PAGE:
“If Self-Esteem is a Myth, then what is the Truth?”: Understanding Self-Worth
I appreciate the feedback I’ve received on my article, “5 Reasons Self-Esteem is a Myth”. Some of you were excited about the insights I shared; some weren’t so sure. If you haven’t read it yet, I suggest you give it a look. In this post, I hope to build upon those ideas, to help us understand a little better why self-esteem isn’t the way to go & why “self-worth” is.
Self-Esteem vs. Self-Worth
“Aren’t Self-Esteem & Self-Worth the Same Thing?” I’ve heard this question many times, and if you’re using a dictionary, then the answer is: “Yes”. In fact, most definitions for “self-worth” simply say, “See self-esteem”.
I, however, disagree that self-worth and self-esteem are one and the same. Self-esteem, to me, is more external, surface, conditional, and changing, while self-worth is internal, deep, unconditional, and enduring.
Here are a couple definitions I found for “Self-Worth”:
1) Respect for or a favorable opinion of oneself
2) One’s worth as a person, as perceived by oneself
3) The sense of one’s own value or worth as a person (origin 1960-65)
The last two seem closer to what I’m talking about but they’re awfully simple definitions for such a deep, core principle.
What I’m proposing is a new definition of self-worth. Yes, it includes our sense of value or worth as a person. But I take it a step further.
To me, Self-Worth means: The ability to comprehend and accept my true value—to understand I am more than my mind, body, emotions, and behaviors, to see myself as God sees me, to accept His love for me, and to learn to love myself in like manner.
Self-Worth is Deep
I know this is getting a little deep and spiritual, but to me, self-worth is deep and spiritual. Too many of us settle for “self-esteem”—for feeling good about how we act, look, feel, think—instead of seeking what lies beneath. We fail to get to know our true selves because we’re too caught up in the selves we create.
No matter how much we learn to love who we seem to be on the outside, we will never fully embrace our worth until we dig deeper. Self-worth isn’t about our outsides. It’s about knowing who we really are on the inside. It’s about connection—to other people, to our true selves, and to our Higher Power.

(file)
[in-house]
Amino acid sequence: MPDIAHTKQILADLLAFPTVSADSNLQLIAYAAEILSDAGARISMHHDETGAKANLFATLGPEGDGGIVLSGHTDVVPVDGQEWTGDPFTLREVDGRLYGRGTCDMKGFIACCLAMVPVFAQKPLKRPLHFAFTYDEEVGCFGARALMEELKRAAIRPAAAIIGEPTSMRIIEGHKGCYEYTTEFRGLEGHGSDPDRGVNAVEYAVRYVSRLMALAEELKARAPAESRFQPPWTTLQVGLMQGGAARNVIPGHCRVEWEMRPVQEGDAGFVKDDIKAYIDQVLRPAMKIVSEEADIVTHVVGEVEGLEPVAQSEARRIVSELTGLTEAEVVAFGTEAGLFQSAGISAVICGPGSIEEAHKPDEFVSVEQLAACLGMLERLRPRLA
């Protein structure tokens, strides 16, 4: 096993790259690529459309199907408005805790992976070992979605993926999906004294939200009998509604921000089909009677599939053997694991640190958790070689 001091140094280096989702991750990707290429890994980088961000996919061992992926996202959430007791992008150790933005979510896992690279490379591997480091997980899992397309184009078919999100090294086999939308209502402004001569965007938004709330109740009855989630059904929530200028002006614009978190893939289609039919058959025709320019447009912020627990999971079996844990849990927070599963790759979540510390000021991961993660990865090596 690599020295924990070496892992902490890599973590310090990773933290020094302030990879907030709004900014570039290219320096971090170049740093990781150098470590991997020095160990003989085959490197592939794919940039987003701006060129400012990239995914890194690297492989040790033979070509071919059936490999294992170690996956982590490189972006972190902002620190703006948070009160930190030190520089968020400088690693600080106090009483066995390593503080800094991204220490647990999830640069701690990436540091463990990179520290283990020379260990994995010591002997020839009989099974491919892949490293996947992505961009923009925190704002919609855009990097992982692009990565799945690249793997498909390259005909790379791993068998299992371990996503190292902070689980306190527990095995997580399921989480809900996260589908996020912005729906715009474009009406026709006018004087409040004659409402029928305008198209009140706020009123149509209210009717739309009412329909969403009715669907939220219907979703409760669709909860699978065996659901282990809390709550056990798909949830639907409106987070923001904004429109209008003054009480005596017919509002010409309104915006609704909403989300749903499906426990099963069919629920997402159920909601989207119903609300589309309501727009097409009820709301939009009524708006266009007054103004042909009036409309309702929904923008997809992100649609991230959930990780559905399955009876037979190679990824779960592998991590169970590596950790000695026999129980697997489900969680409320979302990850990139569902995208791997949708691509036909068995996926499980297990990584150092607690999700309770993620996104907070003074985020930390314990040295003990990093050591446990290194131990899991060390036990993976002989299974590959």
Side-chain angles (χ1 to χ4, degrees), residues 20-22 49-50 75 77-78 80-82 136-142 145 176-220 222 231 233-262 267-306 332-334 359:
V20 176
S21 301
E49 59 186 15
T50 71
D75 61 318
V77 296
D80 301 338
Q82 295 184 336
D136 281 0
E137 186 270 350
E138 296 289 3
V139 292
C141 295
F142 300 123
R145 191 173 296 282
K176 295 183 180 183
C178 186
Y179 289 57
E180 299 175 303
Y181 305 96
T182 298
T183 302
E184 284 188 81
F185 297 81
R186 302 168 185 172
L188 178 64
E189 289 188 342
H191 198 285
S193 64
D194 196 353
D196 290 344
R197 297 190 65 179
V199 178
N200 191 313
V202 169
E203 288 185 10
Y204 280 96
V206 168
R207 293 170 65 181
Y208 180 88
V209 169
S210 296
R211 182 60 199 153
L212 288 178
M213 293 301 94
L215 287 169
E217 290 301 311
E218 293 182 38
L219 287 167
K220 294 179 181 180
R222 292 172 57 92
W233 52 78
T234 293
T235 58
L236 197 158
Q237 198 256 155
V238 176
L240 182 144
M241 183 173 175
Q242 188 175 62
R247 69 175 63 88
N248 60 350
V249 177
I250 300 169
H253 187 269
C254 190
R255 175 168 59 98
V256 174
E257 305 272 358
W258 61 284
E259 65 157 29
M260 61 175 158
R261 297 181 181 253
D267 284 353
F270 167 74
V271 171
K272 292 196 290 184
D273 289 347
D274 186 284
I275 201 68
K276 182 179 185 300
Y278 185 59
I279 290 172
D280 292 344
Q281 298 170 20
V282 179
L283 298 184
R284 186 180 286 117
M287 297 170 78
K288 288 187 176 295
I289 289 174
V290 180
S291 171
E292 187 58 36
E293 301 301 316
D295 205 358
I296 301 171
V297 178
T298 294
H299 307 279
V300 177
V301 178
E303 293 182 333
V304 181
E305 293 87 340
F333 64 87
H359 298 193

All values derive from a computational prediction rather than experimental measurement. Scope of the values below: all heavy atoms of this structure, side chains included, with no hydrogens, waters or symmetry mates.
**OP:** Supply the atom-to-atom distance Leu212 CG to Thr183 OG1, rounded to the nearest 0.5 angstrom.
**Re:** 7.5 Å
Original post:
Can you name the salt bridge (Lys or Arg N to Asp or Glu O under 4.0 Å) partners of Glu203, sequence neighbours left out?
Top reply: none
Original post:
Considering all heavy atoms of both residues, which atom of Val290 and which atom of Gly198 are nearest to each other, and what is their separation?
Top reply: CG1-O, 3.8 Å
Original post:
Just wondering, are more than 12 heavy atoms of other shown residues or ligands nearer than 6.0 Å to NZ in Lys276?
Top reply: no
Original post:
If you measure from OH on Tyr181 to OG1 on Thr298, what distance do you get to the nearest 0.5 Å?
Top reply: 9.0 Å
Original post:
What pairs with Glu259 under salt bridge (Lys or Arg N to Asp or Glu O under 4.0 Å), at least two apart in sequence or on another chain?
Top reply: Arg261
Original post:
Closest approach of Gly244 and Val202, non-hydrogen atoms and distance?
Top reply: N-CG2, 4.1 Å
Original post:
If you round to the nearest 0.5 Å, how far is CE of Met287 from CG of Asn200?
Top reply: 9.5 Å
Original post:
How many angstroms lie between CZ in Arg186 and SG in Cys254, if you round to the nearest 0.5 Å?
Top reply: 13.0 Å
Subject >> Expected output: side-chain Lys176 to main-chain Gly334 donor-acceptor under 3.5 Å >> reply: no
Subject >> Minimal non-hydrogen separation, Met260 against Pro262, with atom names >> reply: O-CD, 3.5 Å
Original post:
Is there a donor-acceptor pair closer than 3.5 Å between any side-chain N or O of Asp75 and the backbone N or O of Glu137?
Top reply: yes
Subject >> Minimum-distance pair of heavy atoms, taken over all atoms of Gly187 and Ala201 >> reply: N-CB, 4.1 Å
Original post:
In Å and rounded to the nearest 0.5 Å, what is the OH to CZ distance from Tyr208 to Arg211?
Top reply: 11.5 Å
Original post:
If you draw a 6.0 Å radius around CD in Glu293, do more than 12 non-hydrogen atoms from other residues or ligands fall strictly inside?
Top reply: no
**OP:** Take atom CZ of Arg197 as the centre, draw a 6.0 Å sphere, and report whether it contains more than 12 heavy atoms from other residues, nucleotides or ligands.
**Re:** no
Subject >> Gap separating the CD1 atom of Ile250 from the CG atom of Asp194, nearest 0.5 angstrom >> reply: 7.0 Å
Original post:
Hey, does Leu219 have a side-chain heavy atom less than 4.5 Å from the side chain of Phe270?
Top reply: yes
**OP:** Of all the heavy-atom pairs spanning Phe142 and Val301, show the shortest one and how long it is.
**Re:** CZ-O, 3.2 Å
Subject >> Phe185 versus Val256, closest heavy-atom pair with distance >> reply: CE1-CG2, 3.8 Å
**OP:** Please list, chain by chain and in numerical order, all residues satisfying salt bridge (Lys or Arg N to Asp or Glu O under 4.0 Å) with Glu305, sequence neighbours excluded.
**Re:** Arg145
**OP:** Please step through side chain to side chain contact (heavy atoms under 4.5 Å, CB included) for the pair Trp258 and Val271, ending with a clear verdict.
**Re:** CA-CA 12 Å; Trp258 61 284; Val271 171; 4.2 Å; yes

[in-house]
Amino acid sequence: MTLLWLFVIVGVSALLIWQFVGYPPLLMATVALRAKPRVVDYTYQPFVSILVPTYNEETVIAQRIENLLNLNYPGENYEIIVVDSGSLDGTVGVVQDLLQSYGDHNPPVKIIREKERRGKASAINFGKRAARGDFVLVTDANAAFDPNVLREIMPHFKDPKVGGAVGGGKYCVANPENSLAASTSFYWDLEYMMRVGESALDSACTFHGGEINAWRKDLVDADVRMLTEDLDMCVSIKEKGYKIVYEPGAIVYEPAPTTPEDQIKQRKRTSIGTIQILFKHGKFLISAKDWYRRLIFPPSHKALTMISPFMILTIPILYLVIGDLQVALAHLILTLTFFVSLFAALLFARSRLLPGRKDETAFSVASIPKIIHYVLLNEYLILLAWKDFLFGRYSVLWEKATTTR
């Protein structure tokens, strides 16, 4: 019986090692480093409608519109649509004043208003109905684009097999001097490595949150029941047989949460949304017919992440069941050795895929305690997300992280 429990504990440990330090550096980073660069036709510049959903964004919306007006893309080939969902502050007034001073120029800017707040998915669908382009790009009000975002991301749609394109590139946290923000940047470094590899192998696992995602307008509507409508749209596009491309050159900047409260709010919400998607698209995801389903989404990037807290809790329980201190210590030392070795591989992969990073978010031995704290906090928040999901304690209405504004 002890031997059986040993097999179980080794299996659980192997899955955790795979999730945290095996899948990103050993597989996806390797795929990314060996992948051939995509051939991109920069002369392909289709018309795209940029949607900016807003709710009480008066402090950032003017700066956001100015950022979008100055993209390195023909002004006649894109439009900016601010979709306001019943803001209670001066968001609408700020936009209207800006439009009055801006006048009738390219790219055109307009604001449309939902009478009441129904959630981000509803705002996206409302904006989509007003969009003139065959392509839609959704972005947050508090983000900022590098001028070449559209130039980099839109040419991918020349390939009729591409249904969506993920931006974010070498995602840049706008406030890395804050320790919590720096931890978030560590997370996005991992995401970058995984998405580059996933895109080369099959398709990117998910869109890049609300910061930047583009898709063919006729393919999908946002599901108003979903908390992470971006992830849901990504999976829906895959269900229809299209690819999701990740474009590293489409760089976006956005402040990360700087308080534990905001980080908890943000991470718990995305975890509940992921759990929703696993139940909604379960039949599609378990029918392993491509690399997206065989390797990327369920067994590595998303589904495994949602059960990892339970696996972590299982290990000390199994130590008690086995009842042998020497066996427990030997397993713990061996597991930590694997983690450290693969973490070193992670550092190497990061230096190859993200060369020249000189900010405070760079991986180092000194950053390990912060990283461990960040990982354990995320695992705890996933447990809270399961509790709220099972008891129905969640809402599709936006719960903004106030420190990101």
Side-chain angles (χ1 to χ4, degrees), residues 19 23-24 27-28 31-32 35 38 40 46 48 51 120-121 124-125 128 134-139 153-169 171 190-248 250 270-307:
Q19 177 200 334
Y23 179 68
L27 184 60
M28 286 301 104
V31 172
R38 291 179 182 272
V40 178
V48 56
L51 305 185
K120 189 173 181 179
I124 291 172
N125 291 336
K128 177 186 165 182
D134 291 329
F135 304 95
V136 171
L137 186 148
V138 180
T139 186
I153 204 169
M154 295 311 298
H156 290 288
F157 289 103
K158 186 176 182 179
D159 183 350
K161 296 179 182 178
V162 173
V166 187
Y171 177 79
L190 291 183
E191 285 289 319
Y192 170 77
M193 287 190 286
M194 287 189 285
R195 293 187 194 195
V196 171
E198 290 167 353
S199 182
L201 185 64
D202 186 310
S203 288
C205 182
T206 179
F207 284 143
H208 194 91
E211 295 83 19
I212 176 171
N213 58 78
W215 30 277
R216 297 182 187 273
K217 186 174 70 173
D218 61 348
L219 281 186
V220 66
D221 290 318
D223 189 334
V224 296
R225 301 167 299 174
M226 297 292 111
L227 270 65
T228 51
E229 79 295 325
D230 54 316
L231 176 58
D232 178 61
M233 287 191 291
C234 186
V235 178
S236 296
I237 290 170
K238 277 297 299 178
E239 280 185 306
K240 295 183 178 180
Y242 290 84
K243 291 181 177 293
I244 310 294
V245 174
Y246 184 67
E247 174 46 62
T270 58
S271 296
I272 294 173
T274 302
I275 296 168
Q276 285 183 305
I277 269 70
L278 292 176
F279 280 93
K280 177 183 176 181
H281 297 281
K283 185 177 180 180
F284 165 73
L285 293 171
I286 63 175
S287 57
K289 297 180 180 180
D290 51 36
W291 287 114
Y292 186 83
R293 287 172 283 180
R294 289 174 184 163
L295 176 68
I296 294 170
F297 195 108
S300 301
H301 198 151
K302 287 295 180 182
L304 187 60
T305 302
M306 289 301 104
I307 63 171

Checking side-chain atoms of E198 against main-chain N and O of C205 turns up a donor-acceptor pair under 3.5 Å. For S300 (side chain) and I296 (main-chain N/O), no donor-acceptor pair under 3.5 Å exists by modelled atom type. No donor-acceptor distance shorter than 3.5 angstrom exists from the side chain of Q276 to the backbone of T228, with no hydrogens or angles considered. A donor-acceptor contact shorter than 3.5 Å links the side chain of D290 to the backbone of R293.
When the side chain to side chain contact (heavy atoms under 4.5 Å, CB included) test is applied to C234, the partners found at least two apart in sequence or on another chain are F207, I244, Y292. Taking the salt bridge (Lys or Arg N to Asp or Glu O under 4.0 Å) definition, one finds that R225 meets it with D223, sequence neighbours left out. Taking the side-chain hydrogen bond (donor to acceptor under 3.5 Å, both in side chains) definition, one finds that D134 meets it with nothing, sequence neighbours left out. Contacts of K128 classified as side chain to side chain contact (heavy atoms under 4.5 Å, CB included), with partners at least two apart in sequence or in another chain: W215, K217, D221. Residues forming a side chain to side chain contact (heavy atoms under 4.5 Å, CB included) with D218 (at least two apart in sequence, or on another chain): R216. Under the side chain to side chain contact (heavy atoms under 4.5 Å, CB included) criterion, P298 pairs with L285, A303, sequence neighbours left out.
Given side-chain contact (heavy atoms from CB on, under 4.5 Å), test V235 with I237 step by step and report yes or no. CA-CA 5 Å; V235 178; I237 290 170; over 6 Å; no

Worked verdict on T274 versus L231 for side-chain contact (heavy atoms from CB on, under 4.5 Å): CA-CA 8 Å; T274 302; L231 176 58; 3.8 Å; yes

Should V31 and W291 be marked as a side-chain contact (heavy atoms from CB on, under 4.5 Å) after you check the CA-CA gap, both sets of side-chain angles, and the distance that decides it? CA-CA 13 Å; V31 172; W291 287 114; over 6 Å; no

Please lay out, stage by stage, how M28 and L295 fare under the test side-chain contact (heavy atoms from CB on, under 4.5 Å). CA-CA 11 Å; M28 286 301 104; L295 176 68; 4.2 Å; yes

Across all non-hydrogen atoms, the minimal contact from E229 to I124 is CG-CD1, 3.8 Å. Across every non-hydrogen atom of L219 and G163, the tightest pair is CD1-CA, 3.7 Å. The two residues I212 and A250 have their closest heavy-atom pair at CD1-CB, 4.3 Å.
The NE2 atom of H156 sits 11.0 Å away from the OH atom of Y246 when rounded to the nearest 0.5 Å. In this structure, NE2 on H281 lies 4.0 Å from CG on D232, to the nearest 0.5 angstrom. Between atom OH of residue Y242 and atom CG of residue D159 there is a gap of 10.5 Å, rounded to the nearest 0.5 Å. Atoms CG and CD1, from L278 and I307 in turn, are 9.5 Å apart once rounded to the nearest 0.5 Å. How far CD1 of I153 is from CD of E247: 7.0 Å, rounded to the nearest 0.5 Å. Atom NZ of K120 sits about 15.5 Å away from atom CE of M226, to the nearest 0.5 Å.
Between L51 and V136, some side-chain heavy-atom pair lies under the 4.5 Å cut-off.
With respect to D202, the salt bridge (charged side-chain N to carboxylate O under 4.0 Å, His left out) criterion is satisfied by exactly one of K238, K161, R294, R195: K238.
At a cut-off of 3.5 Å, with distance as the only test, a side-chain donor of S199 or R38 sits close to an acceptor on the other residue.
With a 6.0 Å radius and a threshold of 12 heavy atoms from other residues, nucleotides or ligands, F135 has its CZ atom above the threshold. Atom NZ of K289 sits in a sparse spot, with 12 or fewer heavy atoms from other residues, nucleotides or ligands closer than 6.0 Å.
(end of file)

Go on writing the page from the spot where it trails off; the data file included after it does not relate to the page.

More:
Self-Worth is Accepting the Truth
As I accept the Truth—that I am not a “personality” but rather a “soul,” with innate, unchanging potential and worth—I learn to accept all of me: my strengths and weaknesses, my “good” and my “not so good”. I see that I can choose to become stronger or weaker, but these things don’t define me. I can then let go of who I or others think I am and just be who I am. Because who I am is a divine soul, full of light and love and joy and all things good. I just have to go deeper and see it.
Perhaps Marianne Williamson’s brilliant (and now famous) quote says it best:
“Our deepest fear is not that we are inadequate. Our deepest fear is that we are powerful beyond measure. It is our light, not our darkness, that frightens us most. We ask ourselves, ‘Who am I to be brilliant, gorgeous, talented and famous?’ Actually, who are you not to be? You are a child of God. Your playing small does not serve the world. There is nothing enlightened about shrinking so that people won’t feel insecure around you. We were born to make manifest the glory of God that is within us. It’s not just in some of us; it’s in all of us. And when we let our own light shine, we unconsciously give other people permission to do the same. As we are liberated from our own fear, our presence automatically liberates others.”
I agree. We were “born to make manifest the glory of God that is within us.” And it is ”in all of us.” Understanding this Truth not only allows us to freely accept and love ourselves, it opens the door for us to help others do the same.
Self-Worth is Possible for All
I know some of you don’t believe me. I know there are some who are reading this and thinking, “Yeah, right. That might be true for some people, but it’s not true for me.” You don’t believe you will ever experience self-worth.
Well, I’m here to tell you you’re wrong. You are of worth. You are valuable. You are loveable. You are important. You are essential to this world. And you don’t have to believe me. Not yet. You just have to open yourself up to the possibility. Open yourself up to the idea, and you can and will someday know for yourself that what I say is true. For everyone. Even for you.
More on this Topic: Check out Self-Esteem vs. Self-Worth: Q & A w/Dr. Christina Hibbert [plus video]
Coming Soon: “Self-Worth is a great idea, but how do you learn it and teach it to others?” My Theory of How to Learn Self-Worth
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 Online Dictionary in “Reference Tools,” Microsoft Word.
 Webster’s Dictionary, hardcover, 1998.